How to Become a Medical Coder

Medical coders are responsible for coding medical records for healthcare computer systems. Explore what it takes to enter the profession.
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  • Medical coders turn complex medical records into standardized code for easier communication.
  • Medical coding certification has many professional benefits and may be required for employment.
  • The medical coding certification you choose may have an effect on the roles and work environments available to you.
  • Experience, advanced credentials, and location can impact medical coder salary and opportunities.

Medical coders manage patient records in the healthcare numerical coding system. These professionals translate medical records and input them as standardized codes for ease of communication and privacy.

You can take various paths to medical coding jobs, including earning certificates in medical coding, an associate degree, and professional certifications. Explore this guide for more details on the profession and your training options. is an advertising-supported site. Featured or trusted partner programs and all school search, finder, or match results are for schools that compensate us. This compensation does not influence our school rankings, resource guides, or other editorially-independent information published on this site.

Ready to Start Your Journey?

4 Steps to Becoming a Medical Coder

  1. Earn a high school diploma or the equivalent.
  2. Determine which medical coding certification you want to earn, such as the certified coding associate (CCA) or the certified professional coder (CPC).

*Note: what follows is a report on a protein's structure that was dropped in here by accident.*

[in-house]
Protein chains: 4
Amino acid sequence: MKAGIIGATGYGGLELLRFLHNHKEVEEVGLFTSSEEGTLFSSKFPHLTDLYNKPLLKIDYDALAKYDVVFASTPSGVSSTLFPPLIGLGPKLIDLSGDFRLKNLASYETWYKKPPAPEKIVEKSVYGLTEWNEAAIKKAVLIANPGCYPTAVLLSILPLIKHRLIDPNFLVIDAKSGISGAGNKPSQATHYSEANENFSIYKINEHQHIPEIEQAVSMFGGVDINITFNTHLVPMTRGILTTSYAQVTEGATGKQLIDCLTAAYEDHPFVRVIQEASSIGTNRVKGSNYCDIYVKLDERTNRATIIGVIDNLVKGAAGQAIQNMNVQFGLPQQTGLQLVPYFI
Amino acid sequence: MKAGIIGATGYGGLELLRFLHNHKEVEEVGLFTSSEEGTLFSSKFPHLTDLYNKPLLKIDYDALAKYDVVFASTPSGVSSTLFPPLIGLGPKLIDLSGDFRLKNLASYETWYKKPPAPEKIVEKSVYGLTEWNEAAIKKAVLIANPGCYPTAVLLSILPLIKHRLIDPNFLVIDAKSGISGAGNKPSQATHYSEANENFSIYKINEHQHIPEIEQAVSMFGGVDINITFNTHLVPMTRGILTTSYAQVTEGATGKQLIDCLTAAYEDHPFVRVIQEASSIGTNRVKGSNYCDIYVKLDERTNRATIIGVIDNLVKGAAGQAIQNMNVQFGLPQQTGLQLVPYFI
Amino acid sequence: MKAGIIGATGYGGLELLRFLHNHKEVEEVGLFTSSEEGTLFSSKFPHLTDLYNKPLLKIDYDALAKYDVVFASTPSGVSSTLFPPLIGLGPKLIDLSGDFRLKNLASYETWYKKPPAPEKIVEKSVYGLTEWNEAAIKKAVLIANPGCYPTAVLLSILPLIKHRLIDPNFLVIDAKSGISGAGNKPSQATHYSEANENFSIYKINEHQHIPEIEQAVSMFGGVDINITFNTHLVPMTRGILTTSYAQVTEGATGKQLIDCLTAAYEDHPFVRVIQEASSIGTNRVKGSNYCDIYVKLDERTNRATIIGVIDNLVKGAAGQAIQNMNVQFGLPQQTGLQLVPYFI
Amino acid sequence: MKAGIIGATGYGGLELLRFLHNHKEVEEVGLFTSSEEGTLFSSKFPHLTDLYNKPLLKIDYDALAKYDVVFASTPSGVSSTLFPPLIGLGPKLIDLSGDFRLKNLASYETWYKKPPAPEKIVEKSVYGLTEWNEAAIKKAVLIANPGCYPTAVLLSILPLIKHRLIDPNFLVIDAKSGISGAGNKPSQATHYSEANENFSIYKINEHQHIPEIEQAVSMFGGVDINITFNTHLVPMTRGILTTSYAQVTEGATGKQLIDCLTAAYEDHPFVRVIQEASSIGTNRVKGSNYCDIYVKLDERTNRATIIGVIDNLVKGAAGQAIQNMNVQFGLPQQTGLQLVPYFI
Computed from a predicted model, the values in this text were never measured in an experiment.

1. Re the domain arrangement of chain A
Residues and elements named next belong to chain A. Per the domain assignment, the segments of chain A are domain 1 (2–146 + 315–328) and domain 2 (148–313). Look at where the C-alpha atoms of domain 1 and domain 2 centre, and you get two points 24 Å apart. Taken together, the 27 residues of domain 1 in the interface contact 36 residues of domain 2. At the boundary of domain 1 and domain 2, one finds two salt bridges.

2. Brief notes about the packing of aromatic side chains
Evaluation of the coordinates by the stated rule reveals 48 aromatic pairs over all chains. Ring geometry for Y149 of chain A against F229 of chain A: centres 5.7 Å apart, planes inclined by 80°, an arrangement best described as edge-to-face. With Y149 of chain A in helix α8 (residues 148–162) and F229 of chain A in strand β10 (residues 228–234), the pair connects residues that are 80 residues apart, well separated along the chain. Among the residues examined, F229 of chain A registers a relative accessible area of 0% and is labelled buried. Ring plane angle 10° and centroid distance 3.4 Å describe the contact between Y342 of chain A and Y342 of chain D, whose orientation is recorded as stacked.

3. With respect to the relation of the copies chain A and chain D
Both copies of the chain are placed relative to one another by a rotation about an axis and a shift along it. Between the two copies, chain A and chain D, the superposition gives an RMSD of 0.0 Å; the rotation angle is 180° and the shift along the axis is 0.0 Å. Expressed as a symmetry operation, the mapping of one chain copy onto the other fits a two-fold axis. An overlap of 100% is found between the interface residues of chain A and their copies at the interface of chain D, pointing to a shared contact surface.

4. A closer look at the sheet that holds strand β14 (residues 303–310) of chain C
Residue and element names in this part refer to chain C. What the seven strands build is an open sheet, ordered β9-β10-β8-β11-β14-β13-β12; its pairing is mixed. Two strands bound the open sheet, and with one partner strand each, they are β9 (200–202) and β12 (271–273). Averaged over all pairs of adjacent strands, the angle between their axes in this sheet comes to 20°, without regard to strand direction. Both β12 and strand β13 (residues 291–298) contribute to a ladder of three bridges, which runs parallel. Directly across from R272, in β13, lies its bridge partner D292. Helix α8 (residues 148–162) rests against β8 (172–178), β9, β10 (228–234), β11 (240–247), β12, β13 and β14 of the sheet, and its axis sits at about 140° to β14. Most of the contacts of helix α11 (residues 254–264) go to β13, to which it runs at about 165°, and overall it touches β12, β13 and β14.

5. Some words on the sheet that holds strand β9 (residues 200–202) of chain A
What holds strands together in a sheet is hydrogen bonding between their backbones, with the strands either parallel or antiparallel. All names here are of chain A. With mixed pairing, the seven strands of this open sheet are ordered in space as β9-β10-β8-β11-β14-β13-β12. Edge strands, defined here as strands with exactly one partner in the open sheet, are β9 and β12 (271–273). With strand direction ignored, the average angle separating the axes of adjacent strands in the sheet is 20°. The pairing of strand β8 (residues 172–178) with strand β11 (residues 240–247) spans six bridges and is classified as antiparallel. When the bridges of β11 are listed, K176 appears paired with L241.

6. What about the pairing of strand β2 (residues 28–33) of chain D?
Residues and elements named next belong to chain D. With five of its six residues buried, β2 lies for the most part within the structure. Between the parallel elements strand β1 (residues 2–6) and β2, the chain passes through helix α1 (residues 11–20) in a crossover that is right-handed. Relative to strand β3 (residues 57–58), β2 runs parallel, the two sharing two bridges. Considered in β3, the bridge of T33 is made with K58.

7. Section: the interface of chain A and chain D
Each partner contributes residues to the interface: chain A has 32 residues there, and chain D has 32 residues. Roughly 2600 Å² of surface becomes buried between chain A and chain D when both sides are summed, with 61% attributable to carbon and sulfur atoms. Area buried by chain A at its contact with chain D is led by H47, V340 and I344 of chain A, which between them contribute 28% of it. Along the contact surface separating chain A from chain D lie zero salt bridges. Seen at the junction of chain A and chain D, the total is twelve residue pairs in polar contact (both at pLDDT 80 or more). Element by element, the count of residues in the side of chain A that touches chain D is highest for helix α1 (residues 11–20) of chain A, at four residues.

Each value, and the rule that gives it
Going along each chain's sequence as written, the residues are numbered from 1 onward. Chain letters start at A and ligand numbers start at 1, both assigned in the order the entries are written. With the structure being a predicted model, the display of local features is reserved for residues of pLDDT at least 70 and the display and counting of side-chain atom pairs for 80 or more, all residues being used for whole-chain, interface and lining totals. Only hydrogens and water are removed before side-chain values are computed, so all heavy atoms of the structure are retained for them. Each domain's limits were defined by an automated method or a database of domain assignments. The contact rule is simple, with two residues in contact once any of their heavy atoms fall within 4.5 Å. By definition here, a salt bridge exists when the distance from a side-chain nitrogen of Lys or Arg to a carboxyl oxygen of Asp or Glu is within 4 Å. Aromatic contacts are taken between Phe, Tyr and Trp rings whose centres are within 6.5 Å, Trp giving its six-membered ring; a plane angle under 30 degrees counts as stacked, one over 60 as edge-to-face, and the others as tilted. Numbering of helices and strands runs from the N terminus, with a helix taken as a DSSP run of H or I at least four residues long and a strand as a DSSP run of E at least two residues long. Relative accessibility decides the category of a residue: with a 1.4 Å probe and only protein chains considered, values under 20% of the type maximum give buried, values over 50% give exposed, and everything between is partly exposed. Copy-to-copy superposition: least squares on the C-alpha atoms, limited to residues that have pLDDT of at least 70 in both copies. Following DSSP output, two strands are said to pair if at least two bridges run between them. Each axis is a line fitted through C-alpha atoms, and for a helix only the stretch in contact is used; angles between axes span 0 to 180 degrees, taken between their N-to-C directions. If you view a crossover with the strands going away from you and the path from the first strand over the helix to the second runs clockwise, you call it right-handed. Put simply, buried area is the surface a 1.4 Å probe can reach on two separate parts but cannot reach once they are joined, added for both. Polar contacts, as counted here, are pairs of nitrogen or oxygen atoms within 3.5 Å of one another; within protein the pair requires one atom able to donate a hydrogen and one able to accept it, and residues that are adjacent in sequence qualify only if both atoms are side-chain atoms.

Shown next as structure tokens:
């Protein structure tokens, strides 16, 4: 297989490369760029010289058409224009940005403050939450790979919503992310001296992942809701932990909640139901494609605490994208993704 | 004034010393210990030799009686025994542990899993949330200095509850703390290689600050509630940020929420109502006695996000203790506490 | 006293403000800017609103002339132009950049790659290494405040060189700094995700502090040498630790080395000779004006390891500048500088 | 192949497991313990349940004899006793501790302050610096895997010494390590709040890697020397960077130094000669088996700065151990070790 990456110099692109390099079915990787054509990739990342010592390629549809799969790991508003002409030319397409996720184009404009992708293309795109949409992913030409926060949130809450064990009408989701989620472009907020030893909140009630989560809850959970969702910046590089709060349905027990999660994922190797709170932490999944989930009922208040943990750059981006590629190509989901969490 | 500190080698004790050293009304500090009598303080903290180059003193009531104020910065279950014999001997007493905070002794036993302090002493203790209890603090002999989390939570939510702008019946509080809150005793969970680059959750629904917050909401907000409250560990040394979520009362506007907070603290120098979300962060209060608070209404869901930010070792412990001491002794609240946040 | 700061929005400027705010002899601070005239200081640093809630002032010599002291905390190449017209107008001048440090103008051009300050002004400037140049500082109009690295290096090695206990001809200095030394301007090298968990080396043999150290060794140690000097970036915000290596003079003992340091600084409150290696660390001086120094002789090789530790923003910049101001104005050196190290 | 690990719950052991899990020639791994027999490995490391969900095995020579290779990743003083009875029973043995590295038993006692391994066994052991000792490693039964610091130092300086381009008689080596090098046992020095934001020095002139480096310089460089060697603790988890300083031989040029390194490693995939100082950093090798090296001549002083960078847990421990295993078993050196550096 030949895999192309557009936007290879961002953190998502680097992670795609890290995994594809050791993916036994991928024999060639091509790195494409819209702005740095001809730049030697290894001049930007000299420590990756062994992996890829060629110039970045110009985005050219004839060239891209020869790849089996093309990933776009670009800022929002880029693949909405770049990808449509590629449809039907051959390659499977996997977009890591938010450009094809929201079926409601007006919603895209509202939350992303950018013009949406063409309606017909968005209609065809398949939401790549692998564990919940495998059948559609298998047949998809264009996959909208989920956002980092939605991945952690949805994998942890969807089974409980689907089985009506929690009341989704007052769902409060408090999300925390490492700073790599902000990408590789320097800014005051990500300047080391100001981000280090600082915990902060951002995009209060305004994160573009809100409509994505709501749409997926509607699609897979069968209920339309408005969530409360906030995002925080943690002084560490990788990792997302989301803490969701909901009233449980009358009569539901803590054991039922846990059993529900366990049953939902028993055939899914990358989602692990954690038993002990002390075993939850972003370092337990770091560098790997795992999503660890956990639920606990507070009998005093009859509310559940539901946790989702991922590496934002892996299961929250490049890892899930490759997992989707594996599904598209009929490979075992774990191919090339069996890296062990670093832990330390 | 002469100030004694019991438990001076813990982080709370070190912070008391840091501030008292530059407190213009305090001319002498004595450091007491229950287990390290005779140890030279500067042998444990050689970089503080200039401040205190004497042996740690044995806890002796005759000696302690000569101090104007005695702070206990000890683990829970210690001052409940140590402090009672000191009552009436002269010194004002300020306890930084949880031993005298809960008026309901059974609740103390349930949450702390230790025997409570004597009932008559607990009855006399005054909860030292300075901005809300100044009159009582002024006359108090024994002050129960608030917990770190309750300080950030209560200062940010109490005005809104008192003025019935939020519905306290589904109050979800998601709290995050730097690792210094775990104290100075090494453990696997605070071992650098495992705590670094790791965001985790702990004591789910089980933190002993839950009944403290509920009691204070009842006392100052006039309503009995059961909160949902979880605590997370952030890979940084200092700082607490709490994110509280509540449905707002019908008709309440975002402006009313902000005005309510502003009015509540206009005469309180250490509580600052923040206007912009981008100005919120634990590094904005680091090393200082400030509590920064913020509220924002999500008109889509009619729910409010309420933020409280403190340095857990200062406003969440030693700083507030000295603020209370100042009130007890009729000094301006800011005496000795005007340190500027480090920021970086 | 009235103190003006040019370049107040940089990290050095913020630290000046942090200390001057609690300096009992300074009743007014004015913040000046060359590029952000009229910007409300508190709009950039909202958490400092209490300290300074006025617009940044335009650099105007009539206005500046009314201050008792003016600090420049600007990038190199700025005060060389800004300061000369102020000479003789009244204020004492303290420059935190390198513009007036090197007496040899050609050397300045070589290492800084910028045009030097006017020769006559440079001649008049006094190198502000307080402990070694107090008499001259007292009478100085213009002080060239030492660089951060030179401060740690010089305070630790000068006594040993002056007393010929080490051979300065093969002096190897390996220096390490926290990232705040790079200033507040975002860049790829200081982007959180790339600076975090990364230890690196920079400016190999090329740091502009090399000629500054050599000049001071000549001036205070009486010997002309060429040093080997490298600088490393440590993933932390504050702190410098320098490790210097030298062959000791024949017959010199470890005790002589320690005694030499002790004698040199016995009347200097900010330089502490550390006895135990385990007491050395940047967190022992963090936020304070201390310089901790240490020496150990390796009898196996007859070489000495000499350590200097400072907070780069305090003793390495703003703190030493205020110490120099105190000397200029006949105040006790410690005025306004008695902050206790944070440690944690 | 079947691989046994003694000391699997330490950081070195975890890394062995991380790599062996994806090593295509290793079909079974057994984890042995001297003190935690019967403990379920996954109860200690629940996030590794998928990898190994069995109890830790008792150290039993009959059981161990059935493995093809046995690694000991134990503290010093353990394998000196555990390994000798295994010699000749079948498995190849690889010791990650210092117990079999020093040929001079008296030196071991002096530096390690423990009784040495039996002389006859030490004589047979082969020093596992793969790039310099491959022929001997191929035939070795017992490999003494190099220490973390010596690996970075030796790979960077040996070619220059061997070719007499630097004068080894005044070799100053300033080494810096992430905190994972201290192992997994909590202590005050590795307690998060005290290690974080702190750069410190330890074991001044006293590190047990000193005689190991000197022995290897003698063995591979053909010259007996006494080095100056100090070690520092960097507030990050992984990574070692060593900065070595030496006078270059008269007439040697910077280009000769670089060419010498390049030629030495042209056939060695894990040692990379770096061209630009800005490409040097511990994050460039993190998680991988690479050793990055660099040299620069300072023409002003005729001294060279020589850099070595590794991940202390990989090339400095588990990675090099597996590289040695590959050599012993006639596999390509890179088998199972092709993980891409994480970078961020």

3. Prepare for credentialing exams. While not required, an associate degree in medical coding or a coding prep program can help prepare you for the credentialing exams.
  4. Take and pass the certification exam to earn your medical coding certification.

Featured Medical Coding Programs

What Is a Medical Coder?

Medical coders translate medical records into diagnosis and procedure codes for healthcare's universal numerical coding system. These professionals help physicians and medical specialists communicate with each other, and billing and insurance companies.

Medical billers and coders have different roles, but they do work closely. Coders make it easier for healthcare billing professionals to assign a value to medical services and track payments. Medical coders must also ensure the accuracy and privacy of records.

Medical Coder Responsibilities

  • Convert complex medical procedures and treatments into universal codes.
  • Work with insurance companies and physicians to discuss the correct coding analysis.
  • Review patients' charts and verify the codes for procedures, treatments, and diagnoses.
  • Effectively communicate with the healthcare team.
  • Search for coding information in unusual or complex cases.

Medical Coder Skills

  • Analytical: Analytical skills help medical coders interpret medical records and turn them into numerical code.
  • Detail Oriented: Medical coders need to pay close attention to the fine details to avoid errors.
  • Understanding of Terminology: Coders need medical terminology skills to understand and translate medical records into numerical code.
  • Understanding of Technology: Medical coders need computer software skills and the ability to use the most up-to-date coding systems.

Medical Coder Certifications

While some employers accept a high school diploma and several years of experience, many expect you to earn certification. These certifications also prepare you for advancement opportunities and increased earnings.

Though not required, the institutions below offer programs to prepare you for these exams. Some certifications require work experience in lieu of the completion of foundational training courses.

The American Academy of Professional Coders

The American Academy of Professional Coders (AAPC) provides certification and networking opportunities for medical coding professionals. The AAPC offers five certifications for medical coders:

  • Certified professional coder (CPC)
  • Certified outpatient coding (COC)